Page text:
Can We Make Monitoring Better? That’s the $5 Billion Question.

Contributed by:

Amy Kissam, Executive Director, Integrated Clinical Processes, INC Research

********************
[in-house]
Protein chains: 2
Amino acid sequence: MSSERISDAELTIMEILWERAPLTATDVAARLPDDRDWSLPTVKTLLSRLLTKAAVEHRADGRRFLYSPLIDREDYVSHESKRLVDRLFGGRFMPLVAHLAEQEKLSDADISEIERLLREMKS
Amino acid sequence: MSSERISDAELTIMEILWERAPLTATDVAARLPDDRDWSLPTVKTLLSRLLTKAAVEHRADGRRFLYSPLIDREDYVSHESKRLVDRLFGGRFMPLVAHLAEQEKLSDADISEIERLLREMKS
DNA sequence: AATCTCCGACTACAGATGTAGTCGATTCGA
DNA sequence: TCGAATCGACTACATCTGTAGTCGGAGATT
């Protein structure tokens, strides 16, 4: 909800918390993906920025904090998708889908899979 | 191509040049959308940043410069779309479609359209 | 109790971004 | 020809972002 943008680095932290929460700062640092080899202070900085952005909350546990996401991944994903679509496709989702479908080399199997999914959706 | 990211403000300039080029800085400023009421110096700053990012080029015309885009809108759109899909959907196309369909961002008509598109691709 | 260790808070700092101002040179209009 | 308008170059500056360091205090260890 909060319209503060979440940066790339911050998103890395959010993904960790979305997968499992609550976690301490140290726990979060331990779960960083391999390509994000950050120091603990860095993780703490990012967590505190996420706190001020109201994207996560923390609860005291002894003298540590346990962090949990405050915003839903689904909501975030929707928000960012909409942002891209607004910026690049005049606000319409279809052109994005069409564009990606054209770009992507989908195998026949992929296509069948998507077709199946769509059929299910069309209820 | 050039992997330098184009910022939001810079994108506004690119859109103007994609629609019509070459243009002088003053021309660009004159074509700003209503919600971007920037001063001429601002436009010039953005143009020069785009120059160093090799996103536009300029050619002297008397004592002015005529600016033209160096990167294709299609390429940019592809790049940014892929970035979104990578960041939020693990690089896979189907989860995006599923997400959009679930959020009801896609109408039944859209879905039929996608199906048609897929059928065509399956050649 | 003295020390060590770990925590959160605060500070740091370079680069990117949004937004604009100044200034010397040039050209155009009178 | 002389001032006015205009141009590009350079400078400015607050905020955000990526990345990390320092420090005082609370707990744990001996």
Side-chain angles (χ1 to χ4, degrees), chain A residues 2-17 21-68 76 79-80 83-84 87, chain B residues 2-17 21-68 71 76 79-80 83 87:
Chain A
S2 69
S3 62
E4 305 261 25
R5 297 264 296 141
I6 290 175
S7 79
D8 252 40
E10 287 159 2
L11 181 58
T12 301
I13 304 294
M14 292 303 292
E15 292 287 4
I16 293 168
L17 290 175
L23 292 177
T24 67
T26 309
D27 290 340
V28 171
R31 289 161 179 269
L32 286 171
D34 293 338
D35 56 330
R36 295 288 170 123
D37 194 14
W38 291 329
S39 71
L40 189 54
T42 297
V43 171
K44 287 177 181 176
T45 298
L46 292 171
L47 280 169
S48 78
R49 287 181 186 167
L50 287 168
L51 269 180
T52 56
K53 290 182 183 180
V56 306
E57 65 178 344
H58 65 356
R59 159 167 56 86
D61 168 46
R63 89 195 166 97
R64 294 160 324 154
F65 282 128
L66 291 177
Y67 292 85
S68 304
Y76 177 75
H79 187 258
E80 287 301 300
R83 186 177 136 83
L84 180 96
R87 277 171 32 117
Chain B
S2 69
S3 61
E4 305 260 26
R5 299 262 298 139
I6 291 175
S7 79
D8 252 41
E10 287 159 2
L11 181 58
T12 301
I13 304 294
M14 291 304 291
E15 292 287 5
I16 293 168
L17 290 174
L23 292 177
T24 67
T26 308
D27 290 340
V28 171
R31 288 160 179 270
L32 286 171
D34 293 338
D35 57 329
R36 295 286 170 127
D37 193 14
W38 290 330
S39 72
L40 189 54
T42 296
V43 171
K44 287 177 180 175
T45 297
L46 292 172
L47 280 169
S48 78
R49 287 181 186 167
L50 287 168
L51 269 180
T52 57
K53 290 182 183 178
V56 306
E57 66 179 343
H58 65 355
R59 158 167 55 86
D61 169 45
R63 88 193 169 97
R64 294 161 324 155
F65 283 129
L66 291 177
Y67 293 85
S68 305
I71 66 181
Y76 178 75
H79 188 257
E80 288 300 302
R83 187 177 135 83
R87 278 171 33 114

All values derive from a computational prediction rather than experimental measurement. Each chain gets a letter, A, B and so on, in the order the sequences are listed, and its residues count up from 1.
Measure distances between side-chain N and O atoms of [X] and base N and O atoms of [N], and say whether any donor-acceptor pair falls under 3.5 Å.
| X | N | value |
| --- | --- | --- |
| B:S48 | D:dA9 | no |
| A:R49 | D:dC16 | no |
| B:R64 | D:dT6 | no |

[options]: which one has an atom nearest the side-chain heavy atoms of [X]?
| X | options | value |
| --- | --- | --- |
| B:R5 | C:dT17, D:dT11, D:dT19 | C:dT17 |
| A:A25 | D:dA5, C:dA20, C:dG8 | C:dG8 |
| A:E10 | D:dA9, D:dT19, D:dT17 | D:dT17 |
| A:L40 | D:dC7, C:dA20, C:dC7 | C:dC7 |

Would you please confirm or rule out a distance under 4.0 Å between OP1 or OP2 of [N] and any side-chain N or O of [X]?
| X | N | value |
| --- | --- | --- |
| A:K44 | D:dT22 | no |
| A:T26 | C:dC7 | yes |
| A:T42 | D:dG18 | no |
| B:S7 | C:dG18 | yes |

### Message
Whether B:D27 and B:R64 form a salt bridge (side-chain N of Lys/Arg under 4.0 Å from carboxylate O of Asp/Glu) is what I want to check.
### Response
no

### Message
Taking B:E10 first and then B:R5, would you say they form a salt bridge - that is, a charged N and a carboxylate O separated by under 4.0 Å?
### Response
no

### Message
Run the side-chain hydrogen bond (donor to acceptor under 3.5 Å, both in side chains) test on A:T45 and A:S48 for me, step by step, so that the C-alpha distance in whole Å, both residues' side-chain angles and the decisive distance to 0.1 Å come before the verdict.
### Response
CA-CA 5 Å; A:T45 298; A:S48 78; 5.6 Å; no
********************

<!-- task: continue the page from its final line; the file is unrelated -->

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Incredibly, only 6 percent of new pharmaceutical products ever recoup their development costs. Any other industry would simply cease production of such an unprofitable venture. But we don’t have that luxury. We need to change the way we do things and reduce resource-sapping redundancies. And that’s exactly what strategic data monitoring sets out to do. In 2011, the FDA published draft guidance in support of risk-based monitoring. Subsequently the EMA released a reflection paper. Together, these documents help clarify regulators’ expectations for clinical monitoring. With this support and guidance, the opportunity for change is evident. It’s time for our industry to implement innovative approaches to trial data collection and monitoring. Open Up to Open Collaboration How many times have you heard people say we need to develop new products not only more quickly, but more cost effectively, too? It’s frustrating, because if it were that simple, we’d do it. However, several issues are hampering our efforts. For example, increases in trial complexity and post-approval commitments have drained many companies’ resources even further. But there is hope. In September 2012, ten leading pharmaceutical companies formed TransCelerate BioPharma — a non-profit organization focused on simplifying and accelerating the delivery of drugs to patients. For some, the founding of this group marks a new era in drug development. An era built on open collaboration to drive clinical development transformation. To date, TransCelerate has identified 10 initiatives to drive industry change, but their number one priority is to develop a standardized approach to risk-based monitoring. There’s that $5 Billion The way in which we monitor has been over-engineered. In fact, some estimate cutting down on unnecessary data collection, without compromising patient data or quality, could save our industry up to $5 billion annually. So data selection and management are prime targets for cost reduction. However, any cuts must preserve patient safety and data quality, while satisfying regulatory requirements. Enter strategic data monitoring. Strategic data monitoring is a holistic approach to developing an optimized operational strategy. By performing an upfront protocol evaluation, we can: » Assess the dimensions of trial risk (e.g., ­patient safety, operational delivery, data ­integrity and scientific) » Promote clinical/data/project management plan synergy » Identify the right monitoring ­methodologies (including frequency and ­intensity) » Identify potential waste or areas where we may streamline data collection This strategic approach utilizes a protocol-specific mix of monitoring strategies: » Targeted source data verification (SDV): ­Focuses on data that is critical to subject safety and the study objectives, allowing for a reduction in source data verification ­activity. » Triggered monitoring: The initiation of monitoring activities is based on an event such as a quality indicator or data volume. This may trigger an on-site SDV monitoring visit or an off-site contact with the site to mitigate potential risks. » Integrated monitoring: Combines the use of on-site monitors and central monitors for improved efficiencies and subject safety, data integrity and regulatory compliance. The result is a strategy that addresses medical, scientific, regulatory and operational risks in order to focus on critical data and risk mitigation. For example, the right strategy can ensure site visits are focused on high-value tasks and conducted as needed rather than solely based on calendar frequency. Times are Changing Traditional monitoring arose from the 1988 FDA guidance, which stated that sponsors needed to provide “adequate” monitoring. However “adequate” was never defined and a “better safe than sorry approach” became the norm. As a result, we often employed over-engineered monitoring strategies focused on on-site review — a resource-intensive approach that doesn’t offer oversight commensurate to risk. In contrast, risk-based monitoring capitalize on cutting-edge data-handling platforms to yield real-time trial data access and oversight remotely. With this in mind, you’d expect this approach to be used wherever possible. But this isn’t the case. However, growing regulatory support is bolstering confidence in the approach. This begs the question: If we already know how to make monitoring better, isn’t it time we did? Can We Make Monitoring Better? That’s the $5 Billion Question. Amy Kissam, Executive Director, Integrated Clinical Processes, INC Research INC Research is a global CRO providing the full range of Phase I to IV clinical development services across six continents through its global scale and scope, broad therapeutic expertise, and commitment to operational excellence using its proven Trusted Process. { For more information, visit

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